Lori Waselchuk is a documentary photographer and arts activist who seeks to inspire empathy and conversation through her photographs. Waselchuk’s work has appeared in magazines and newspapers world wide and has been used by several international aid organizations including CARE, Médecins Sans Frontières, the United Nations World Food Programme, and The Vaccine Fund.
Waselchuk is a recipient of the Aaron Siskind Foundation’s 2009 Individual Photographer’s Fellowship; a 2008 Distribution Grant from the Open Society Institute’s Documentary Photography Project; and the 2007 PhotoNOLA Review Prize. Her photo reportage on gender-based violence in Liberia and the Democratic Republic of the Congo was awarded the 2004 Southern African Gender and Media Award for photojournalism. Waselchuk was also a nominee for the 2009 Santa Fe Prize for Photography; a finalist in the 2008 Aperture West Book Prize; and a finalist in the 2006 and 2008 Critical Mass review.
In 2010, Waselchuk received support from the Baton Rouge Area Foundation to continue working on a project about bridges in New Orleans.
Waselchuk exhibits her work internationally in solo and group shows. Her photography has been featured in several books, including A Day in the Life of Africa (2002) and Women by Women: 50 Years of Women’s Photography in South Africa (2006).
"We believe that a person is a person through another person, that my humanity is caught up, bound up, inextricably, with yours." —Desmond Tutu
A life sentence at Angola, Louisiana’s state penitentiary, means life. Because Louisiana has some of the toughest sentencing laws in the United States, about 80 percent of the 5,100 prisoners at Angola are expected to die there. In the past, prisoners died alone and unattended in the prison hospital. But, a hospice program changed that. Incarcerated volunteers, now certified as hospice caregivers, have helped create an environment inside the prison where compassion is unconditional.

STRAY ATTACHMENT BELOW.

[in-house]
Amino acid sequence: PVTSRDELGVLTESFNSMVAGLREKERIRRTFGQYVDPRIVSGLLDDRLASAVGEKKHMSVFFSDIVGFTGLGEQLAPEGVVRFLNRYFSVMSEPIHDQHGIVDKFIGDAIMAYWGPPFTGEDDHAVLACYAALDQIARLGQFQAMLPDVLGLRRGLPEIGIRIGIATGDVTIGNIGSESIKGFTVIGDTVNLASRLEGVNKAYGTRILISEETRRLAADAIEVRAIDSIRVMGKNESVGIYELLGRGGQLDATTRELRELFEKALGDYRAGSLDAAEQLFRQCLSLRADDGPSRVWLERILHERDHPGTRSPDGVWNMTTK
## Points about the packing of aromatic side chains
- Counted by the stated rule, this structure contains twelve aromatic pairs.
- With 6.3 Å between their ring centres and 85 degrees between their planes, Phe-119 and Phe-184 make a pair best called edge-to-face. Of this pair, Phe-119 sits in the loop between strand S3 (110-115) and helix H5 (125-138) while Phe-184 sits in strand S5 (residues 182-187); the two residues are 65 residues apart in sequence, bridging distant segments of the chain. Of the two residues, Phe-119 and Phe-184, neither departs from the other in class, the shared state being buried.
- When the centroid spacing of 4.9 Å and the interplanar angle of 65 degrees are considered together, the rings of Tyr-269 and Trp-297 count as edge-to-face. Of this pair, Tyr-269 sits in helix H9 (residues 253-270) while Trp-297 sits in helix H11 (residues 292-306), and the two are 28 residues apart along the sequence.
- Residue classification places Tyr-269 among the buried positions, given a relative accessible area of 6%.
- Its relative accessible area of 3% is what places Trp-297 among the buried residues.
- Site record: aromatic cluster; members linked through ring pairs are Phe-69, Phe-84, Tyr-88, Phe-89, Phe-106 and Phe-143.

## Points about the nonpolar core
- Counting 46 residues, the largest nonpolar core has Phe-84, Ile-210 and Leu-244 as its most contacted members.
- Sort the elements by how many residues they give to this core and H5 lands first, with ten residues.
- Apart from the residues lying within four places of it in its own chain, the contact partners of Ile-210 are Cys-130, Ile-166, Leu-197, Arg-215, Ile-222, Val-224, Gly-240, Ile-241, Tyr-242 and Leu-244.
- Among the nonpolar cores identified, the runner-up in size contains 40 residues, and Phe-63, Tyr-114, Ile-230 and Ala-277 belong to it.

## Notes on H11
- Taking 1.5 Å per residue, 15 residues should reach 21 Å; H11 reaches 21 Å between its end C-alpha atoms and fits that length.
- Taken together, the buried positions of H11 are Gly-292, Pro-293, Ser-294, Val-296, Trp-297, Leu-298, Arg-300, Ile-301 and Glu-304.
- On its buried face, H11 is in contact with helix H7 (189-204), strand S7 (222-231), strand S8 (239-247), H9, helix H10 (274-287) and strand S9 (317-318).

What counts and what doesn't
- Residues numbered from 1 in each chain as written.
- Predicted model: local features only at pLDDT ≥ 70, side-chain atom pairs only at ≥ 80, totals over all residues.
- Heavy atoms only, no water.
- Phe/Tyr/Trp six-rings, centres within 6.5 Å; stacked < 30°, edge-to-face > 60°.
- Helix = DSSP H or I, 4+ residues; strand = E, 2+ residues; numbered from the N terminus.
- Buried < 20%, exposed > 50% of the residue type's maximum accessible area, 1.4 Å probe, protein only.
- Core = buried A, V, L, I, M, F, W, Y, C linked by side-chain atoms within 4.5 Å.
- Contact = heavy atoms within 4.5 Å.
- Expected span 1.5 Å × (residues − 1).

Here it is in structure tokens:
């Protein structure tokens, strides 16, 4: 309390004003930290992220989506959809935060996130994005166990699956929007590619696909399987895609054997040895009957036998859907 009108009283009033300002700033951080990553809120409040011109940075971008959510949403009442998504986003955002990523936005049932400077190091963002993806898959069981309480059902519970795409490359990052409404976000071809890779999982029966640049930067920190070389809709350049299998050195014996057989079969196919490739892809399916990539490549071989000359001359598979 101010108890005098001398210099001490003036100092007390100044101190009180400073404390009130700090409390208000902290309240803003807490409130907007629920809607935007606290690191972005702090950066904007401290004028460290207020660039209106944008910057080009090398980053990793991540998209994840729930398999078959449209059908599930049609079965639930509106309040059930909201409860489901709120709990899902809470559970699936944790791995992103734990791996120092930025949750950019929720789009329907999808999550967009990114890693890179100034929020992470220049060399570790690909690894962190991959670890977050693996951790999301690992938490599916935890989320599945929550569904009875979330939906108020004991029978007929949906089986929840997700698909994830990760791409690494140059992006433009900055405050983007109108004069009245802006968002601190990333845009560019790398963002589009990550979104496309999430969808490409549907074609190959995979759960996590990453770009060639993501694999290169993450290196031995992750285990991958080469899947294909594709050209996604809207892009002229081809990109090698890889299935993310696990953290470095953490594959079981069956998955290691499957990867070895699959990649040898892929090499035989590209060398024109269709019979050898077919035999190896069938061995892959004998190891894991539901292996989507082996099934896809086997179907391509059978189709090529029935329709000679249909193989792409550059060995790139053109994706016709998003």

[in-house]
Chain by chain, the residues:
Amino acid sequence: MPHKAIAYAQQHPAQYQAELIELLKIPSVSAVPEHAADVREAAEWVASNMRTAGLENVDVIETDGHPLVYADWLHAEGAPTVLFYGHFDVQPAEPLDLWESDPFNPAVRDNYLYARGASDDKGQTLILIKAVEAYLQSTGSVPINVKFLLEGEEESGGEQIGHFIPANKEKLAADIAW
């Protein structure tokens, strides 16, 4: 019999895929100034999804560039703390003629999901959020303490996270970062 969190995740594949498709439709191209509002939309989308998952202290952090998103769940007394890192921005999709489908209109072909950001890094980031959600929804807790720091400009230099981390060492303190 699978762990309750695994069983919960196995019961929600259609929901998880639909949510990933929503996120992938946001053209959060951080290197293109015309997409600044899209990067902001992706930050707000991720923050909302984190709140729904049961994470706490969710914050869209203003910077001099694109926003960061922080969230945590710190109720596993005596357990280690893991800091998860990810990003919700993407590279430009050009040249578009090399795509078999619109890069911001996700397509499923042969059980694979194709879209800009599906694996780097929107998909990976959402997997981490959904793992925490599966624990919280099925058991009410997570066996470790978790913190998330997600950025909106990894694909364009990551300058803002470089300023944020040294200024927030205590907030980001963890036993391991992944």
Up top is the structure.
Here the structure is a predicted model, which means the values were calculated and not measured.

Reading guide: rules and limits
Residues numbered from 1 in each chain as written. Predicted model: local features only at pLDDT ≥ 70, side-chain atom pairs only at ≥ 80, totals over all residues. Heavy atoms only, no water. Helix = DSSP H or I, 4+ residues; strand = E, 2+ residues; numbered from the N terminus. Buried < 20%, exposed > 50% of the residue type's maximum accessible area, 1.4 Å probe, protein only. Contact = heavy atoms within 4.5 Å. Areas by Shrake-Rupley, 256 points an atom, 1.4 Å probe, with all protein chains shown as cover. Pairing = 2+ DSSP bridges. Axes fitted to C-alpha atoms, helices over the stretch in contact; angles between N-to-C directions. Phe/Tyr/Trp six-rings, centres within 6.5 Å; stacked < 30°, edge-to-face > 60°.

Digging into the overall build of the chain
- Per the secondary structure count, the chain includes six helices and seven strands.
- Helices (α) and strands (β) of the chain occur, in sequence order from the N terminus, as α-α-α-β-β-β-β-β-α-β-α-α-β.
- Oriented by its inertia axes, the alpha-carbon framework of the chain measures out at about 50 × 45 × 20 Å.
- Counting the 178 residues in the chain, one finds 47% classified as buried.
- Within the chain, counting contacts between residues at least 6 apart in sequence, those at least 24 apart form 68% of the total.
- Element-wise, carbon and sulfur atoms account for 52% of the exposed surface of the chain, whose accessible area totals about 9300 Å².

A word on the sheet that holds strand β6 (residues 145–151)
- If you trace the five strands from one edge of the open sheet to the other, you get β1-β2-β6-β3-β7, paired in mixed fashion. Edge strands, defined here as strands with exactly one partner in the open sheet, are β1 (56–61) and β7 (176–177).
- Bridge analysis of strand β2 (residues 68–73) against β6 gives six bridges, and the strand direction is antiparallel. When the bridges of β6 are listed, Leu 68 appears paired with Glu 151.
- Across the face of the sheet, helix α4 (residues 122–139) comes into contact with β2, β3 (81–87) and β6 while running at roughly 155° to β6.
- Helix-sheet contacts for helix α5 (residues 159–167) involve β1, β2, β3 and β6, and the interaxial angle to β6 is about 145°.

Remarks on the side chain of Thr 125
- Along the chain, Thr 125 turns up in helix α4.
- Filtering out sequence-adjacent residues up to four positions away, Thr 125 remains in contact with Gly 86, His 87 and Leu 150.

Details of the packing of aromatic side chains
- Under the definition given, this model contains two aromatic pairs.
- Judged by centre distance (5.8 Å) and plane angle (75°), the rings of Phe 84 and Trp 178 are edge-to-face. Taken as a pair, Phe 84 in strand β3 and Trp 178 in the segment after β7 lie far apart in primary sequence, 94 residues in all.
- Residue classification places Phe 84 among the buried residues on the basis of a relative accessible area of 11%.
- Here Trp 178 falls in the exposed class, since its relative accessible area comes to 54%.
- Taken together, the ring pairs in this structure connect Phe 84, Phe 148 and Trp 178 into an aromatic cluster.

There are many reasons to tell the story of the Angola hospice program. As our sense of public safety decreases, the American prison population continues to expand. In 2008, 1 in every 99 adults in America was incarcerated. As the number of incarcerated people increases, so do the costs of housing them. States spent more than $49 billion on correctional services in 2007. Spurred on by demands to be tough on convicted criminals, courts continue to deliver longer sentences and parole boards continue to reduce parole and probation programs. A further consequence of Americans’ call to be “tough on crime” is that the incarcerated population is growing older.
With my photographs, I intend on telling a story about the Angola hospice program that is likely to challenge stereotypes about incarcerated people, and, I hope, inspire solutions to change our criminal justice system. I want to tell a story about the hospice’s incarcerated volunteers because I see many lessons in their efforts to bring humanity and compassion to an environment designed to isolate and punish. Over the three years I’ve documented the program, I’ve witnessed how the Angola prison hospice team sparked a movement of empathy that not only spread throughout the prison population, but also influenced the prison’s security and medical staffs. Prison officials say that the program has helped to transform one of the most violent maximum-security prisons in the South into one of the least violent in the United States.
In doing this work, I have focused on moments of connection between caregiver and patient, which can reveal both love and vulnerability. I am inspired by the hospice volunteers’ courage to confront their own regrets and fears in order to accept their capacity to love. The people I have met have allowed me to visualize what I believe is at the core of addressing social problems: the recognition of our shared humanity.
—Lori Waselchuk, June 2010